Using Dynamic EQ to balance Kick and Bass
Don't always reach for the compressor's side-chain to marry the kick to the bass. A dynamic eq can sometimes be better!
Using Dynamic EQ to balance Kick and Bass video tutorial delves deep into the workings of a dynamic equaliser and how to use it to process the bass and kick in a mix context.
You don’t always need to grab your compressor’s side-chain to get your kicks and basses to sit together. Using Dynamic EQ can be just as effective.
Up until recently we used to use compression to compress and equalisation to equalise. Today we use a combination of the two in a single processor and that processor is called a Dynamic Equaliser albeit with a difference. Most will state that a multiband compressor is much like a dynamic equaliser but there is a difference in that the crossovers in a traditional multiband compressor have fixed slopes whereas the dynamic equaliser has variable slopes. That has since changed with some multiband compressors offering variable slopes.
A multiband compressor is a compressor that splits its entire frequency range into smaller bands that can then be compressed individually. Multiband compressors are particularly useful when the audio being treated has a wide variety of frequencies.
A dynamic equaliser applies the gain change directly to the gain parameters of a multiband parametric equaliser. As with most dynamics processors, the the threshold determines at which point gain changes take place. You have control over the bandwidth denoted by the Q value and, much like a compressor, the response is controlled with attack and release functions.
The reason we have so many problems trying to get the bass sound and kick drum sound to sit well together in the mix is that they both share similar frequencies. In most instances we try to separate the kick from the bass by using subtractive equalisation on the shared frequencies of one sound. This then leaves room for the other sound to explore. For example, if the bass and kick have prominent frequencies at 200 Hz we will cut 200 Hz from one sound so that the other sound can shine through. However, the more common approach is to use side-chaining to duck the 200 Hz from one sound with the other. But sometimes you don’t want to cut any prominent frequencies simply because they are an integral part of the sound’s character.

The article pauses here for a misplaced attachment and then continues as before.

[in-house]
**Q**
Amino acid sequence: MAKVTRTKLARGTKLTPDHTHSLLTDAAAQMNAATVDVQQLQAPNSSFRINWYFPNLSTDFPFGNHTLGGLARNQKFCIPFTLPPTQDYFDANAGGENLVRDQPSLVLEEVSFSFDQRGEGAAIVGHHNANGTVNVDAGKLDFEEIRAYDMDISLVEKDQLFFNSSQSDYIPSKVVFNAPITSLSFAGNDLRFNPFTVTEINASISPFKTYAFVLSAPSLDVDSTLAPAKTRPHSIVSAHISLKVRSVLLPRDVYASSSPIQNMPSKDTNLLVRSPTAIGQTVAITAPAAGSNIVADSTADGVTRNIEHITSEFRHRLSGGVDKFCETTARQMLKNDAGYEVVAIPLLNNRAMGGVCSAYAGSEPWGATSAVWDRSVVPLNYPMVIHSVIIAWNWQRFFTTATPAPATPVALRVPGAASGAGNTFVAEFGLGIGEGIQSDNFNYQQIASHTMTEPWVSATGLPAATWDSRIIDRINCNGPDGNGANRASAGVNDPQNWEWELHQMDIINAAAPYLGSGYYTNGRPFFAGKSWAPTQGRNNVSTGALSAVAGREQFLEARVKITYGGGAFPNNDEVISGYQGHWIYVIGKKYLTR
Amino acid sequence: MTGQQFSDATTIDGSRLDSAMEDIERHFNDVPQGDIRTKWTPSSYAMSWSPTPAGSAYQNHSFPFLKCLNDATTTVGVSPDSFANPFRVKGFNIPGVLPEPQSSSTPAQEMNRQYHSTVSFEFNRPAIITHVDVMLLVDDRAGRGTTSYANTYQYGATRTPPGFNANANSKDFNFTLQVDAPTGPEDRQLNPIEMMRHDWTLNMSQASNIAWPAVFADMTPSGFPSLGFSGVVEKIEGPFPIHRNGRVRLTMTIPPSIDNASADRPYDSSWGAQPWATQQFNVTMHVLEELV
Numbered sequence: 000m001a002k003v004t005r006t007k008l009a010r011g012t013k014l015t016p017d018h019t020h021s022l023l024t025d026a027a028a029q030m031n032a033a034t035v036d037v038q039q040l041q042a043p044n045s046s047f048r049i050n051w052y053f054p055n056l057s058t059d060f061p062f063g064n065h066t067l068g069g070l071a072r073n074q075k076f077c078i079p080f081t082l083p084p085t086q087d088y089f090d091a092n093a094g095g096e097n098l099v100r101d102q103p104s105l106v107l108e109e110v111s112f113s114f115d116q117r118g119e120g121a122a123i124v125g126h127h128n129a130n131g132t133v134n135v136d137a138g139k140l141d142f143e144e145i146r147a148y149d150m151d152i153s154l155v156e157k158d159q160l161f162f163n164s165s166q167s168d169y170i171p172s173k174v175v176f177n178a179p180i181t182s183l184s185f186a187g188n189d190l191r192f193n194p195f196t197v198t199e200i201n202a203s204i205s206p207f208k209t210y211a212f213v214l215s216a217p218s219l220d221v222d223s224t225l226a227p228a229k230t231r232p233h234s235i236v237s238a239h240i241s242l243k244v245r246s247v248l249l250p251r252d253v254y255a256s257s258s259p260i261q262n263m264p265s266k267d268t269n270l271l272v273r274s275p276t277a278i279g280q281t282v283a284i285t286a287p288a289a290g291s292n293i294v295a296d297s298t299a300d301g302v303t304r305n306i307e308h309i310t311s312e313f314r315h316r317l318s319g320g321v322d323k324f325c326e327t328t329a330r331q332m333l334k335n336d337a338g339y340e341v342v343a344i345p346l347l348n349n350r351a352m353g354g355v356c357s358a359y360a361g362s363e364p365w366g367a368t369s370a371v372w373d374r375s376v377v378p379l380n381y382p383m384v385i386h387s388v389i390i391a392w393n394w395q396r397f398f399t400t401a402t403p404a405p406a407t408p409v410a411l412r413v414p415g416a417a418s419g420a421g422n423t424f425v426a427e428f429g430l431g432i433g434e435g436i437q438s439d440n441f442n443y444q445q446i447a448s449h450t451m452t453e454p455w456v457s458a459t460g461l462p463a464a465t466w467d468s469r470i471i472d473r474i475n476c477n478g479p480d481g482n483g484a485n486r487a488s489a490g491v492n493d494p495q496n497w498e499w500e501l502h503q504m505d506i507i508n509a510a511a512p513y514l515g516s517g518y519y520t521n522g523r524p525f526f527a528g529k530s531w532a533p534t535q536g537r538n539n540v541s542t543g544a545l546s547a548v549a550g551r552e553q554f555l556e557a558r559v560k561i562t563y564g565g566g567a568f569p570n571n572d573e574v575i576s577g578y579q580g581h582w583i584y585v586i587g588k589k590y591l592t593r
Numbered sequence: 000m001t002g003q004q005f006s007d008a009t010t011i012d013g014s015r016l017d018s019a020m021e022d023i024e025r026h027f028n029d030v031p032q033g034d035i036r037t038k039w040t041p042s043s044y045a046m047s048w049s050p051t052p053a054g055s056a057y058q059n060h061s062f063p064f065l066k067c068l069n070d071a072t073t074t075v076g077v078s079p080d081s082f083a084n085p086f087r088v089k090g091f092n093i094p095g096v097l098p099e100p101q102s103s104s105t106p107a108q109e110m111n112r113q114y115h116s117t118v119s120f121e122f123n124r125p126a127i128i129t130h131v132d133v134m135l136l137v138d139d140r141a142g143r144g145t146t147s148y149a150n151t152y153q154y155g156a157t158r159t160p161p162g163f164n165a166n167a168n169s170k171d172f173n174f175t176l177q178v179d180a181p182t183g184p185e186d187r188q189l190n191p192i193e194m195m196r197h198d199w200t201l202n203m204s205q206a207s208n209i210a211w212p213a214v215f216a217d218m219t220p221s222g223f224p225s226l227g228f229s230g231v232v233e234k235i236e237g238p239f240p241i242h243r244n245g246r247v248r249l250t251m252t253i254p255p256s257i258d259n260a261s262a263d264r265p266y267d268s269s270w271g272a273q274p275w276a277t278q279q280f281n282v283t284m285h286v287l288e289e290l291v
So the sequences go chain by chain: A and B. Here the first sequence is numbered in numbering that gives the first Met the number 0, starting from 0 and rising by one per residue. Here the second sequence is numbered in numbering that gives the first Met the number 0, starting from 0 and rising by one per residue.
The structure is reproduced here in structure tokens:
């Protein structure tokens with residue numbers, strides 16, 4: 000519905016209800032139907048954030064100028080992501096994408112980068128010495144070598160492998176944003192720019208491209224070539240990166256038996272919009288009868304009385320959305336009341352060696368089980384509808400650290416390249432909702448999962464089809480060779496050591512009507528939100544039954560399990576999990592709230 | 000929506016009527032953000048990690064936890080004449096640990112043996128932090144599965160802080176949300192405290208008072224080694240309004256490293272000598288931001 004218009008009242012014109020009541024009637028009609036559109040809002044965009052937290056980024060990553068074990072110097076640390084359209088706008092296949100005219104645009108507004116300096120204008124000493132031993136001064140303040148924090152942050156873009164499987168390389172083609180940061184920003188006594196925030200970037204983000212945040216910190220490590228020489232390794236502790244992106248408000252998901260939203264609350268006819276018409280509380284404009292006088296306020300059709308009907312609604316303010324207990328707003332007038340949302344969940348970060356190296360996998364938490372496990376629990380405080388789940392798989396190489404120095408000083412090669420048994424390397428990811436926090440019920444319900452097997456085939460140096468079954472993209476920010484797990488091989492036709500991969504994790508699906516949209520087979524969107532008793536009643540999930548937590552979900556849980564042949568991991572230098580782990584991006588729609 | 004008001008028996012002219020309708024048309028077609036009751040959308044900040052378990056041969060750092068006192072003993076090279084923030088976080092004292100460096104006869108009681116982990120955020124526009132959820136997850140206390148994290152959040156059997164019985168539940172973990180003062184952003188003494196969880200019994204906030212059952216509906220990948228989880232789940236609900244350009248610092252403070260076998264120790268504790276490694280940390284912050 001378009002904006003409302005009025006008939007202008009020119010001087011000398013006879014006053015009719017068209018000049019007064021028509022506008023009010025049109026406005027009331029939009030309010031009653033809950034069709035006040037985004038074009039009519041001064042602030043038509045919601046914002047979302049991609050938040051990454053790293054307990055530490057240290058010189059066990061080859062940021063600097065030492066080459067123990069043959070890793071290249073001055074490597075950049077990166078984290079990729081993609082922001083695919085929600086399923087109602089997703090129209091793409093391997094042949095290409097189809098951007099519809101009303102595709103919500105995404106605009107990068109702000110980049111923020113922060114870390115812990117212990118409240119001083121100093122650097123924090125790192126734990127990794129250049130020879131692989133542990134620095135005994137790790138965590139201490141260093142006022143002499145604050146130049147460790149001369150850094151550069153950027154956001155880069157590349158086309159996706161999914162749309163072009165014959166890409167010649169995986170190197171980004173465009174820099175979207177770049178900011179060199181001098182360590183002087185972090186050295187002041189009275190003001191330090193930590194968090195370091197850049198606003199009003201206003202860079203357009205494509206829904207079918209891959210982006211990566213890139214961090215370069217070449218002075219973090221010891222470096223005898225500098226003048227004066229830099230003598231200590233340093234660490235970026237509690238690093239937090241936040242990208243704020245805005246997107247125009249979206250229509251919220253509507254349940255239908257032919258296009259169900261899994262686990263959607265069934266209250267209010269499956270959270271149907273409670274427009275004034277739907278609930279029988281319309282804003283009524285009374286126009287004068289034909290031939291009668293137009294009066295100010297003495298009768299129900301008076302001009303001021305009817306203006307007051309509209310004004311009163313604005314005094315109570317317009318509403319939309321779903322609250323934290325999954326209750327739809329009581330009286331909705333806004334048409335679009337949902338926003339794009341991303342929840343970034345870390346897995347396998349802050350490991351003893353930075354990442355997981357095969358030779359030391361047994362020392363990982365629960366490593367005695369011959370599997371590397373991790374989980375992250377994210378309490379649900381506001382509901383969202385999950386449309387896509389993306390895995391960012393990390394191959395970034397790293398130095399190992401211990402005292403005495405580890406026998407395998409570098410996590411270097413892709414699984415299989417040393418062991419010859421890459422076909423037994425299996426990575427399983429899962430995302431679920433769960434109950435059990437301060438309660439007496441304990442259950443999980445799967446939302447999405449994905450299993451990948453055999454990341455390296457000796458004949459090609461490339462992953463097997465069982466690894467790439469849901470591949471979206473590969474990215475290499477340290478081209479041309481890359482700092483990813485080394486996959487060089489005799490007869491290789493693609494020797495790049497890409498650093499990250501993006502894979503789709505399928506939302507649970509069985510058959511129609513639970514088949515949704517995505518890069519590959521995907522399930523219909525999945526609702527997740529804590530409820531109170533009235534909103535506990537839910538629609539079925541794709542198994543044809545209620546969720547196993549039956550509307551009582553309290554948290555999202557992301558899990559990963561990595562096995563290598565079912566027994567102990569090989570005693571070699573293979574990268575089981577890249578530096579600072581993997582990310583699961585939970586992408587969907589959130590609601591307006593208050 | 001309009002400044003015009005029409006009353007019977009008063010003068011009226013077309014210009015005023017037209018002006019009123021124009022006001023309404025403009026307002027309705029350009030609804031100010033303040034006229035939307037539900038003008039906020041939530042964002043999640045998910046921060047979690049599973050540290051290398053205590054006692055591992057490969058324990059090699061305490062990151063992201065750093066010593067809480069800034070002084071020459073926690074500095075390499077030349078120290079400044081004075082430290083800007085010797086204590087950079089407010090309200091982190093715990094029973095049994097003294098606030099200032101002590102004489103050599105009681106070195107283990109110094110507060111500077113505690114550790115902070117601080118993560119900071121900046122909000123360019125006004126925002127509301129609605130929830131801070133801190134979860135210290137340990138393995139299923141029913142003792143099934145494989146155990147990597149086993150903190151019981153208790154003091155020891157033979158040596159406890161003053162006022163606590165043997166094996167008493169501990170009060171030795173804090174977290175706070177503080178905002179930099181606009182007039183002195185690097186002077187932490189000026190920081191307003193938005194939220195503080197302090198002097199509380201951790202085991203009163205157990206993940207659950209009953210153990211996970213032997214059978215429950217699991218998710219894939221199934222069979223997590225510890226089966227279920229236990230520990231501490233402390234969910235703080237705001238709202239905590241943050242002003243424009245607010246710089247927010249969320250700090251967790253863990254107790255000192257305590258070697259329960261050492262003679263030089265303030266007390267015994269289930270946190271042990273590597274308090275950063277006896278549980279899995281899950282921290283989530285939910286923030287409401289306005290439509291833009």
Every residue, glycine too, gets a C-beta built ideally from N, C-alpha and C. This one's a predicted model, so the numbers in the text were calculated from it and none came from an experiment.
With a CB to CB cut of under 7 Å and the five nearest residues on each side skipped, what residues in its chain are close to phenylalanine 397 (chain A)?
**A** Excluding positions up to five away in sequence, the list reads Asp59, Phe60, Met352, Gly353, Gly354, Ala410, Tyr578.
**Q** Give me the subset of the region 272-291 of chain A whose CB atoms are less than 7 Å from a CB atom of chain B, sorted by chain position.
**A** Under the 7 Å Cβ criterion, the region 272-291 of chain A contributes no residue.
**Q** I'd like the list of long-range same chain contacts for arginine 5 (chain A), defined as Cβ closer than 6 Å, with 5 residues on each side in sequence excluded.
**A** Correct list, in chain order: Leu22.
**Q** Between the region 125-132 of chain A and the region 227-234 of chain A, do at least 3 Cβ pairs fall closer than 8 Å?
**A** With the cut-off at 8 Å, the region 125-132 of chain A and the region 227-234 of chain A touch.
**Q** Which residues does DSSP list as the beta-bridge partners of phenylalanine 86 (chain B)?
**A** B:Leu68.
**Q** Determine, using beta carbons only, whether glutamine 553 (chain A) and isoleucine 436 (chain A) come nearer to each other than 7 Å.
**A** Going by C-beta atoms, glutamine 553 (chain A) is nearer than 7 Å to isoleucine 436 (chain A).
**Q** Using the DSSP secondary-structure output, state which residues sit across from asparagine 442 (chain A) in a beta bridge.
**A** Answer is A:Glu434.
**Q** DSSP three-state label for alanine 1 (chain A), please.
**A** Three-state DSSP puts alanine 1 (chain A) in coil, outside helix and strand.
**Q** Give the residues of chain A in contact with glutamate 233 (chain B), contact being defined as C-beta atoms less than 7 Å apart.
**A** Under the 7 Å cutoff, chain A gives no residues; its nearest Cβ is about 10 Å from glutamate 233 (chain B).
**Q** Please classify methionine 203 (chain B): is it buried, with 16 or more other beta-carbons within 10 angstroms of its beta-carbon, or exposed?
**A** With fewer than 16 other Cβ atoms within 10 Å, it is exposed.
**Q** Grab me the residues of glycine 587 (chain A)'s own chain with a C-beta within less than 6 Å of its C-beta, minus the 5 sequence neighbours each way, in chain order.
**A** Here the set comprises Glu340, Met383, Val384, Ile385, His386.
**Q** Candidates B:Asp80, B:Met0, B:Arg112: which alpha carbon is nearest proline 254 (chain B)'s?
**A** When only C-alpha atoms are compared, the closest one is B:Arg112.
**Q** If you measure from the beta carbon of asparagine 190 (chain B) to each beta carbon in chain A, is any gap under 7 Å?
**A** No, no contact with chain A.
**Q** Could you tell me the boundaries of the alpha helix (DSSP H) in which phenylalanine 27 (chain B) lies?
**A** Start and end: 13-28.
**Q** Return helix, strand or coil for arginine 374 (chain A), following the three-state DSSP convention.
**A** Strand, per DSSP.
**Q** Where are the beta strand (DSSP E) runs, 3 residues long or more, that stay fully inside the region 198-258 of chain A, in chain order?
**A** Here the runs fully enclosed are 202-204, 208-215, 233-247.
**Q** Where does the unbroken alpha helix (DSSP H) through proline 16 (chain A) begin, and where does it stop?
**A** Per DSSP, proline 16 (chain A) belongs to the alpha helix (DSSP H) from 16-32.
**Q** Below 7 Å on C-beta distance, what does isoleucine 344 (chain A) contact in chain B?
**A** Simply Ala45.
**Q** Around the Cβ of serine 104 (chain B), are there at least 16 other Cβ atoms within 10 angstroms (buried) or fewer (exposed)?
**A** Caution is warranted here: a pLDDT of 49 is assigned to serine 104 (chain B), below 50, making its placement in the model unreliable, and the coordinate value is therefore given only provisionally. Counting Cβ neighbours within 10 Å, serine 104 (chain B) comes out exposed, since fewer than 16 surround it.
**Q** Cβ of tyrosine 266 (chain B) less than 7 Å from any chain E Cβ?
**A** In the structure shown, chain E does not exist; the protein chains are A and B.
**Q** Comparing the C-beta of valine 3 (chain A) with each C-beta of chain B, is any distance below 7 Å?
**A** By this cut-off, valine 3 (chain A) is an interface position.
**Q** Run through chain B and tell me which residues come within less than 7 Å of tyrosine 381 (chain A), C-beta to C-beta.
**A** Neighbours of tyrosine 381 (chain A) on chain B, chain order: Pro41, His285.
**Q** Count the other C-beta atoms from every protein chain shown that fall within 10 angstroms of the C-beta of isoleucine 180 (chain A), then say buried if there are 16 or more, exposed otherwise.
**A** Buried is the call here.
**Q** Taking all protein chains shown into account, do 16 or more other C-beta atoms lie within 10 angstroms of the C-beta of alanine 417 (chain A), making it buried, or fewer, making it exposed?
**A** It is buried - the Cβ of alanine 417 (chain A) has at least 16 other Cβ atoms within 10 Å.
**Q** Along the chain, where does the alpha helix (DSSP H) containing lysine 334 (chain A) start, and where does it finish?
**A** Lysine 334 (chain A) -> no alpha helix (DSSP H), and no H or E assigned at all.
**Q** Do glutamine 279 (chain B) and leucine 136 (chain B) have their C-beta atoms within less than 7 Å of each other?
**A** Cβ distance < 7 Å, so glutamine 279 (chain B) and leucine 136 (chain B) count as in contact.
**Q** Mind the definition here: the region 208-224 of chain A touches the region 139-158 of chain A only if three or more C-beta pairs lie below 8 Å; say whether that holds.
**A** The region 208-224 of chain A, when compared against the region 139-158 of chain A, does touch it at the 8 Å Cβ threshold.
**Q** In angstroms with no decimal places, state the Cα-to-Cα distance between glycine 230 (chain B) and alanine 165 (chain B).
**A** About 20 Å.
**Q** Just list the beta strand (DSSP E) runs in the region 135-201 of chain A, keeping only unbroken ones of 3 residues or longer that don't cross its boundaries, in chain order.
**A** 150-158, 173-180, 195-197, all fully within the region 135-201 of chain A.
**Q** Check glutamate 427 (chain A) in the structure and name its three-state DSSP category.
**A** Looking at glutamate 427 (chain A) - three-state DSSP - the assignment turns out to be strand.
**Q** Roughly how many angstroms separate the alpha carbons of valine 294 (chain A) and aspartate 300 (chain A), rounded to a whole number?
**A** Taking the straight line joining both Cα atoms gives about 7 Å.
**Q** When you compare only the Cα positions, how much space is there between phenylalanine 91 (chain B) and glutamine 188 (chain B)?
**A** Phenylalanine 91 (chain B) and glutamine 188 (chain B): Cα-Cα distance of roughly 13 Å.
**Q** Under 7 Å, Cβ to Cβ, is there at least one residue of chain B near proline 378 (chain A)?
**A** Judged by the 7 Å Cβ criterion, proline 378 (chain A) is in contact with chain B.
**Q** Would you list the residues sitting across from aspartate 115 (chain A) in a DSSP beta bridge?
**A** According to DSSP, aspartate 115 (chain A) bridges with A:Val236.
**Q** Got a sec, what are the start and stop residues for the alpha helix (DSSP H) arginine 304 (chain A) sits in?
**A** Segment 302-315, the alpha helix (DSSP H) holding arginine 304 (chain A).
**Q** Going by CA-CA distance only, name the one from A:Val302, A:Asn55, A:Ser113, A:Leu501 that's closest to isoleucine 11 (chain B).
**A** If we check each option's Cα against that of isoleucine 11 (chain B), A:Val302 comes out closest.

Getting the bass and kick to sit together nicely in a mix can be really challenging. The idea is to find the complimentary and shared frequencies of each sound and to dynamically control each to allow for space. In effect, we are using compensatory processing to create space for a range of frequencies.
In the Using Dynamic EQ to balance Kick and Bass video I trigger a drum beat and manipulate it using a dynamic equaliser. I explain the workings of a dynamic equaliser and how best to use it for shaping sounds. I explain each and every step in detail using the wonderful Waves F6 dynamic equaliser.
The plugin used in this video:
Topics covered in this video are:
- Dynamic EQ
- Opposing Processing
- Cut versus Boost
- Expansion and Compression
- Q and Bandwidth
- Understanding the Threshold
- Brickwall Cleaning
- Tips and Tricks
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